Operation Warp Speed: How the US Covid-19 vaccination plan was politicized

Operation Warp Speed ​​is the name of an ambitious program that the Trump administration has introduced to deliver Covid-19 vaccines across the United States. Widely announced during the presidential election campaign and officially launched in December, it would have had 20 million people vaccinated on January 1 this year. But by that date, just under 25 percent of the target had been reached. So what happened? Has the operation fallen victim to politicization? Our Washington correspondents Matthieu Mabin and Fanny Allard report.

On December 12, after more than eight months of a deadly pandemic, the US Food and Drug Administration (FDA) gave the green light to Pfizer-BioNTech’s vaccine against Covid-19, which would soon be followed by the approval of Modern Jab. What came as a relief to ordinary Americans was a victory for Donald Trump. The 45th President of the United States was heavily criticized for his handling of the coronavirus and promised as early as May that a vaccine would be developed before the end of 2020. At that time, he also announced the creation of a comprehensive distribution operation called Warp Speed ​​(referring to the US TV series “Star Trek”).

A big logistical challenge

Operation Warp Speed ​​aims to coordinate the delivery of vaccines across the country. This huge logistical challenge required the participation of pharmaceutical laboratories, the army and public and private postal companies. About $ 10 billion (€ 8.3 billion) was spent on the business, a significant portion of which goes to the well-known courier company FedEx.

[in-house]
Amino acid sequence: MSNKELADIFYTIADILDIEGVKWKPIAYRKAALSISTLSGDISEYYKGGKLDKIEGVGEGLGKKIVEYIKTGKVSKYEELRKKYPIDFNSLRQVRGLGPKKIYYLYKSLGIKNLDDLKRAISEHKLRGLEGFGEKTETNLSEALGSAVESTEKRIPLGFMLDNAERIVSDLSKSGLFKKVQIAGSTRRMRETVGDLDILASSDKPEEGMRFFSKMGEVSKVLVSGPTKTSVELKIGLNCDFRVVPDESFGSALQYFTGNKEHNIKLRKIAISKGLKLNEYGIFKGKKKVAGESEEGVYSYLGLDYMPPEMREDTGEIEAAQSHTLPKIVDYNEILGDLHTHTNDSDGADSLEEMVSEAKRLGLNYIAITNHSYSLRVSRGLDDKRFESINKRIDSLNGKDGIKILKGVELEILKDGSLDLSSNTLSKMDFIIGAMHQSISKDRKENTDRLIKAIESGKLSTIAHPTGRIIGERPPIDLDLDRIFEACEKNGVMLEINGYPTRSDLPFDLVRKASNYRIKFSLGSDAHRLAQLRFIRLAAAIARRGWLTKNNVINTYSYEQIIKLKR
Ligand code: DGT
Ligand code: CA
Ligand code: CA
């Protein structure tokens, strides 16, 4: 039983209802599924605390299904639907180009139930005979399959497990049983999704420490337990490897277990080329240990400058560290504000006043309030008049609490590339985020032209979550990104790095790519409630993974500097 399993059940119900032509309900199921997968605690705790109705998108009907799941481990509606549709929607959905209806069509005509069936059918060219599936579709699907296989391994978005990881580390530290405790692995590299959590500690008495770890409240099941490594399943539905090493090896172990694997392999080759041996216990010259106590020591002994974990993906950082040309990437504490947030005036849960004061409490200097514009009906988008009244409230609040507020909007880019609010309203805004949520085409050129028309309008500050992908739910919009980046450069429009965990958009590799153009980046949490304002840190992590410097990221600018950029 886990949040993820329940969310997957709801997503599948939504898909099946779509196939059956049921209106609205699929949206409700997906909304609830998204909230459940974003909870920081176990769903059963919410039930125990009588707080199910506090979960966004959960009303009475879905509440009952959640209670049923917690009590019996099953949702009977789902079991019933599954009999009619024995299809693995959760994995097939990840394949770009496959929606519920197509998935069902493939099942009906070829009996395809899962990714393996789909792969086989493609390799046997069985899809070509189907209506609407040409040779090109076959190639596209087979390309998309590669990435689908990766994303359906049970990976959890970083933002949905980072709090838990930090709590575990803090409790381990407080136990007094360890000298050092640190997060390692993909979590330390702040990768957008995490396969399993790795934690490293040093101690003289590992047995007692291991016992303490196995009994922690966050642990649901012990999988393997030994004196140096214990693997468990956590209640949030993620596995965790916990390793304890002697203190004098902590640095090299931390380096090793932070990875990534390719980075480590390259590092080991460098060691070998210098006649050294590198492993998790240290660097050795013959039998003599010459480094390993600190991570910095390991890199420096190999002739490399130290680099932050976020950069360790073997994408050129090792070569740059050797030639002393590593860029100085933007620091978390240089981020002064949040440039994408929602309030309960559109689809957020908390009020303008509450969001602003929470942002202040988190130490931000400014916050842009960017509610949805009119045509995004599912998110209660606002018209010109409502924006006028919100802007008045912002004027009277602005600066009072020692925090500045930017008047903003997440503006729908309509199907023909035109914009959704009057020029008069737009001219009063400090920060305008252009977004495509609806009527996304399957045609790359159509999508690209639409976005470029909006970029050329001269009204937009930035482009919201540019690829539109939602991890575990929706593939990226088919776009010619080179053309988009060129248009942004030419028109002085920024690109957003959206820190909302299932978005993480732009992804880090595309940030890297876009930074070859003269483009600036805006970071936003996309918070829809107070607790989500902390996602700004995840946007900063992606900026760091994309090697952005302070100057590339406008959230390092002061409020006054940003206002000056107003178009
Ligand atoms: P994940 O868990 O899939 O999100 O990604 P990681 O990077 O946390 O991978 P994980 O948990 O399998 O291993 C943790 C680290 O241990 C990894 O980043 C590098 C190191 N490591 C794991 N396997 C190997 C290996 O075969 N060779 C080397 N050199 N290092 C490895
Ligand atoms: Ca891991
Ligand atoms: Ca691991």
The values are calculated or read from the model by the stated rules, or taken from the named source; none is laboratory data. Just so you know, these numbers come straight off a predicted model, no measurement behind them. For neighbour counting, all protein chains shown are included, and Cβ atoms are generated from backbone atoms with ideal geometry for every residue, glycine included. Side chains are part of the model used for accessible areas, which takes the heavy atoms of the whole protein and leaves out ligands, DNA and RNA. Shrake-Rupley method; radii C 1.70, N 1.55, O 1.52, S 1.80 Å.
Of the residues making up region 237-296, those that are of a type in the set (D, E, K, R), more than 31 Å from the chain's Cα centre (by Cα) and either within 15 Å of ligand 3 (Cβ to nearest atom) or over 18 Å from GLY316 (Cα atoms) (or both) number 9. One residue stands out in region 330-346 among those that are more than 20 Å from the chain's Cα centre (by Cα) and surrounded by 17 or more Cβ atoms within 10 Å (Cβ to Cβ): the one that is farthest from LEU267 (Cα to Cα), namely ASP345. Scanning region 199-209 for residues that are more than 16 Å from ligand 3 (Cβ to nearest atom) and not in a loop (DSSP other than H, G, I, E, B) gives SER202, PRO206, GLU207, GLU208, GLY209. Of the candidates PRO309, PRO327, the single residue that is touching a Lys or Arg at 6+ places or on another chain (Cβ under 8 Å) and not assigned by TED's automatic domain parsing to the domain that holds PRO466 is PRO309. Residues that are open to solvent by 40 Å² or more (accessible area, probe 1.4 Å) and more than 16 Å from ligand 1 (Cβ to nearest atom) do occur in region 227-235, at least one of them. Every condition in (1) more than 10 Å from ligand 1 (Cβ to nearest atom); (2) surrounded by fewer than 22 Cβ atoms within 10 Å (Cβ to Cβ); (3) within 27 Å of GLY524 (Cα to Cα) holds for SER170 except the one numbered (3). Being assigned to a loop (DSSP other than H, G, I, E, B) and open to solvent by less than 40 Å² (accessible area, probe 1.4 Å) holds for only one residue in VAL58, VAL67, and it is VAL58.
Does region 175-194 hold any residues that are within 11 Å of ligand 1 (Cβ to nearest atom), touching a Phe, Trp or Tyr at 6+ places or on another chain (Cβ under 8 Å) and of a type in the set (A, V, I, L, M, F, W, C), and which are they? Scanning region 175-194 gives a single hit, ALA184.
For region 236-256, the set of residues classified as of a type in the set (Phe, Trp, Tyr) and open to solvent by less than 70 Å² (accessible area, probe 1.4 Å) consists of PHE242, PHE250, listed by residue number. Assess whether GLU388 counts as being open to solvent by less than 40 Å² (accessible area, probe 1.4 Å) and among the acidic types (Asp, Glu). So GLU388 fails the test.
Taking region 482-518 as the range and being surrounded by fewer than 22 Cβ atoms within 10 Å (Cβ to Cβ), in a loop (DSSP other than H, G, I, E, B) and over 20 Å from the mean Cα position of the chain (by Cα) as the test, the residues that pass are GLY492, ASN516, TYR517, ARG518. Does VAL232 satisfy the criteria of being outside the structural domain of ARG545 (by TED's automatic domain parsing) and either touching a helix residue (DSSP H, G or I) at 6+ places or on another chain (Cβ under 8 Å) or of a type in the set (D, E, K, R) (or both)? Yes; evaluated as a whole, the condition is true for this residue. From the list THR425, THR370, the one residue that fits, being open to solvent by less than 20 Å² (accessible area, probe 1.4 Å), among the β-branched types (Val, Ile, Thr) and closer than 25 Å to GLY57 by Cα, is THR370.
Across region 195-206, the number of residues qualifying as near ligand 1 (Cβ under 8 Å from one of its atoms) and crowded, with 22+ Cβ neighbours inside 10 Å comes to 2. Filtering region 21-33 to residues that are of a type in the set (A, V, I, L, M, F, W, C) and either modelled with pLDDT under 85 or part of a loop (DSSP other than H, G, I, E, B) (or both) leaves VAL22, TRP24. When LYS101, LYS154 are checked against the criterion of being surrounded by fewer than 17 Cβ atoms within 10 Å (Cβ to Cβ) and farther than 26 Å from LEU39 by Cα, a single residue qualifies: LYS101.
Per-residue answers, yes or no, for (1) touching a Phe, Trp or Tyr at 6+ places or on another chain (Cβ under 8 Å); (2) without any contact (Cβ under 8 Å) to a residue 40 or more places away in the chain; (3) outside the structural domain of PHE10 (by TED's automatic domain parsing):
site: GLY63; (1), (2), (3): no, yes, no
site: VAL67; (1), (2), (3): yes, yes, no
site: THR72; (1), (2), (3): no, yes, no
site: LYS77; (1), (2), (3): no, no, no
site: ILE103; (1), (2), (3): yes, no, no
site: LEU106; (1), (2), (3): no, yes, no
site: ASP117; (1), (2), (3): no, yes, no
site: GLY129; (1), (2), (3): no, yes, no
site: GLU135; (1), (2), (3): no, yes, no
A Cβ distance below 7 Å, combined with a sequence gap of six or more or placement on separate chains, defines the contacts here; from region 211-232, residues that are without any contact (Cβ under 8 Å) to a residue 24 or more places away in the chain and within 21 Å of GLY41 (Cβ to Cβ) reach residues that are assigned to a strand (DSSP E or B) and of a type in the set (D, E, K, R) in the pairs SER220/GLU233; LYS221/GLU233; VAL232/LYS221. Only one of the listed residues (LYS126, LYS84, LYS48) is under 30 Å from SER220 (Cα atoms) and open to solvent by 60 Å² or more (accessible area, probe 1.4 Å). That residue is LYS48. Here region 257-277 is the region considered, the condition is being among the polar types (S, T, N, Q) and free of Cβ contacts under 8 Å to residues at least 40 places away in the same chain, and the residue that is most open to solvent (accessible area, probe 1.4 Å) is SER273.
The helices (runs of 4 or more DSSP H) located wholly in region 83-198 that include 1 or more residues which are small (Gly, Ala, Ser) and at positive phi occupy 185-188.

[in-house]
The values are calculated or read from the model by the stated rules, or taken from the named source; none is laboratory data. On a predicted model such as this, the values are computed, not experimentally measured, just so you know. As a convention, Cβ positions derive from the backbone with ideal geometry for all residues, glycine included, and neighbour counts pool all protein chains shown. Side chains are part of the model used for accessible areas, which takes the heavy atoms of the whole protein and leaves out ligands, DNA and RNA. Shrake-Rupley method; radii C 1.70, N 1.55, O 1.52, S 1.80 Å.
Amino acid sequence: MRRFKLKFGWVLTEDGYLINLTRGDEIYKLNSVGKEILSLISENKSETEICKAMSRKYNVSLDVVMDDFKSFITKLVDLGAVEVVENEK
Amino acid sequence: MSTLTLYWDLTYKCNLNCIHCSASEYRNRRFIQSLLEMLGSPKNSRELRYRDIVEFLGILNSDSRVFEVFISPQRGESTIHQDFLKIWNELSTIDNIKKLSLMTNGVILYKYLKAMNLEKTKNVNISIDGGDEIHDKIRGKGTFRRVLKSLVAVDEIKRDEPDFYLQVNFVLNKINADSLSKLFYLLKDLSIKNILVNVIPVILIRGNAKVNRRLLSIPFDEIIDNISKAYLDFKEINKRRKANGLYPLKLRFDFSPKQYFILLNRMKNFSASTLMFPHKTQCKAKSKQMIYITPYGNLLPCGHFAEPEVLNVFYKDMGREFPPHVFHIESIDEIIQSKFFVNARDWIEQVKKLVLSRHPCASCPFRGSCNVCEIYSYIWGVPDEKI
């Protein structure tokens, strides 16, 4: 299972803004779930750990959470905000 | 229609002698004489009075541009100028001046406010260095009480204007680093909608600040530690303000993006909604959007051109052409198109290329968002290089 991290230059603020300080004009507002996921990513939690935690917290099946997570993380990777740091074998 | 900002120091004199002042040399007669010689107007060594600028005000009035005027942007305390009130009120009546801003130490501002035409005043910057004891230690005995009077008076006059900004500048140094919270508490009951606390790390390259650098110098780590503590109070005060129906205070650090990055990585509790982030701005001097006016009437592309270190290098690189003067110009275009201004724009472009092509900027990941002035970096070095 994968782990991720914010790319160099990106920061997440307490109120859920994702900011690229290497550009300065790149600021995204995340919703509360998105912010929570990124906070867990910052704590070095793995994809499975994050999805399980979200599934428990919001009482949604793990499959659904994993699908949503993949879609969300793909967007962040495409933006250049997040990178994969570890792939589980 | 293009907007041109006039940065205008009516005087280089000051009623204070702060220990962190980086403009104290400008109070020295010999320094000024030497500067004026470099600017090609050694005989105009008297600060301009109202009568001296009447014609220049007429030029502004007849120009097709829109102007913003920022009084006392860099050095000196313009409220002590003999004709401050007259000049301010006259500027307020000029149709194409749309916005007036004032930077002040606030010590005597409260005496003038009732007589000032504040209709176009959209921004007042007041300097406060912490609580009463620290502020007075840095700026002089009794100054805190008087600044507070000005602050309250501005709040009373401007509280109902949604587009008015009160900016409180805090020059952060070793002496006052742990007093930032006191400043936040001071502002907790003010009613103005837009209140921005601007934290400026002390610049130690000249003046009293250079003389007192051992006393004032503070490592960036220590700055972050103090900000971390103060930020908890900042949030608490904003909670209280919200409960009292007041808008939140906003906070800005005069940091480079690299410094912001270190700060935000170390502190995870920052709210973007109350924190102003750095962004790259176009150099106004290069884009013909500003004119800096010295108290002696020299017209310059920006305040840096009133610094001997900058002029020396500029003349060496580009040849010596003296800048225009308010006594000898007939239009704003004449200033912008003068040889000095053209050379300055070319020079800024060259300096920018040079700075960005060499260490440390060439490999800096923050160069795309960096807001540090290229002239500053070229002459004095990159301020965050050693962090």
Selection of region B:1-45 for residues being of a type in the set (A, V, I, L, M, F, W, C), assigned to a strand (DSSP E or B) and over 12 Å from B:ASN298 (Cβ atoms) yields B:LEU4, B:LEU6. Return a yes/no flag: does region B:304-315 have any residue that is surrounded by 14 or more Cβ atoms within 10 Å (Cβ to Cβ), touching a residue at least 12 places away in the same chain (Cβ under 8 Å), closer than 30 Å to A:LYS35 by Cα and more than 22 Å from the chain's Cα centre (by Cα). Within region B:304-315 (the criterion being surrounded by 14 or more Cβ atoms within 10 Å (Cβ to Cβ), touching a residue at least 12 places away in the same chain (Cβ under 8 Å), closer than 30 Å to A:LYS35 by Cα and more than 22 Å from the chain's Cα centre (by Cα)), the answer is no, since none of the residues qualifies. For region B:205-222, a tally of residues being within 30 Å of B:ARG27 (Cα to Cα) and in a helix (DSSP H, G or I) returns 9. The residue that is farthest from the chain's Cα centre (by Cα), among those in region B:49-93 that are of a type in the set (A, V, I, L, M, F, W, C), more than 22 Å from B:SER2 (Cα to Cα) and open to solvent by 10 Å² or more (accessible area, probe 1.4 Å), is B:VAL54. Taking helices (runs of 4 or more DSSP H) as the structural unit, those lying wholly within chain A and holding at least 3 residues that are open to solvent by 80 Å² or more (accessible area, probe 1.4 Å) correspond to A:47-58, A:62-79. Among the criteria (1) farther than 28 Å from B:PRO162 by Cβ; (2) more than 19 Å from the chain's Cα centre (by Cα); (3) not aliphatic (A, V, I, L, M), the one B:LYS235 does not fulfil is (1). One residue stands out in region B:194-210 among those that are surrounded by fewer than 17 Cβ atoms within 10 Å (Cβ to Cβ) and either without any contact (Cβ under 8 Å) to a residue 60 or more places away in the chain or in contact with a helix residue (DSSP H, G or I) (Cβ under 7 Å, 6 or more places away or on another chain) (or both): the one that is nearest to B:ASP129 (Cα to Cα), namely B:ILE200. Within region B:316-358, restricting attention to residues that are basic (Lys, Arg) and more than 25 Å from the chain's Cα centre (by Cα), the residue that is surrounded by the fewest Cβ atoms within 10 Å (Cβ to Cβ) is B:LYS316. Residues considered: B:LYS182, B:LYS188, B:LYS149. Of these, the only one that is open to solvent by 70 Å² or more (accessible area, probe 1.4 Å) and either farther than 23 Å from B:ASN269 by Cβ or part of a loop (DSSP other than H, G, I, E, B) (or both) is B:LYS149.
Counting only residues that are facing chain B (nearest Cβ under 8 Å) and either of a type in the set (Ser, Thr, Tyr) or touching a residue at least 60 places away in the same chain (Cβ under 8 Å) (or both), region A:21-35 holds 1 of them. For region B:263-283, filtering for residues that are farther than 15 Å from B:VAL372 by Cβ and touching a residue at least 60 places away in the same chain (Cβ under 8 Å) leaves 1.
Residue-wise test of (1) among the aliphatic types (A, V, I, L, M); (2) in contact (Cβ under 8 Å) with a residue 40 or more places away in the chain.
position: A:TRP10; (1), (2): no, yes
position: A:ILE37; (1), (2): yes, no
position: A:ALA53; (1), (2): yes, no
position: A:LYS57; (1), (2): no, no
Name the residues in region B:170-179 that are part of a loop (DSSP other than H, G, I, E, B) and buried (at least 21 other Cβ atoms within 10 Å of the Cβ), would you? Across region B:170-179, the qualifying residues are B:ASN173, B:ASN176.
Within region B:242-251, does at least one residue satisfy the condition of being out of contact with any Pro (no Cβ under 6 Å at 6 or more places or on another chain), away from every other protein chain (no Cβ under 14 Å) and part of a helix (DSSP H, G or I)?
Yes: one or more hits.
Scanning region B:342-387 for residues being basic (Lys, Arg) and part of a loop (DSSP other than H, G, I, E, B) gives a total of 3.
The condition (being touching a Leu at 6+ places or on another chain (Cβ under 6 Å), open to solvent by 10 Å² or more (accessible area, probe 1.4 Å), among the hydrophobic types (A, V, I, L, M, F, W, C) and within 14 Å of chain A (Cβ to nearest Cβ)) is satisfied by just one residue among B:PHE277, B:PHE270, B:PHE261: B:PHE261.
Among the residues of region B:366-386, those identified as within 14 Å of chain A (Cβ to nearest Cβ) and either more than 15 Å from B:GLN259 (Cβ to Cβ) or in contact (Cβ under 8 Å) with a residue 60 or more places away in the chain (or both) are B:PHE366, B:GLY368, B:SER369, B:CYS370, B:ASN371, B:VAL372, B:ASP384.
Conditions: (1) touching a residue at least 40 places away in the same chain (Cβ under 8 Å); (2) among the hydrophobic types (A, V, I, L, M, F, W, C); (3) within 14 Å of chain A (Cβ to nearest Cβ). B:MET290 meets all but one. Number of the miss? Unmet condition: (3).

During the presidential campaign, hoping to make people forget his initial skepticism about the virus and passivity in the White House, Trump had made Operation Warp Speed ​​one of the most important pillars of his communications strategy, repeating over and over again that vaccines would reverse the pandemic in a bad memory barely two or three months after the start of the vaccination campaign.

But now, more than a month after the start of the operation, and despite the mobilization of the logistics giants, the results have been short.

A political issue

Although the Trump administration had promised that 20 million people would be vaccinated on January 1, just under 25 percent of the target has been achieved so far. America no longer expects to beat the virus by the summer of 2021 at the earliest.

Meanwhile, the United States is still the country most affected by Covid-19 in the world, with more than 23 million cases and nearly 390,000 deaths to date.

Dr Moncef Slaoui, the main scientific adviser to Operation Warp Speed, has condemned a political struggle in the midst of the pandemic and said he was “really concerned about the politicization of how the vaccine was discovered”, which is hurting the work of researchers and researchers.

“It created a tension; a loss of public confidence in general,” the Moroccan-born Belgian-American epidemiologist told FRANCE 24.

>> See our full interview with Dr. Moncef Slaoui, Scientific Advisor to Operation Warp Speed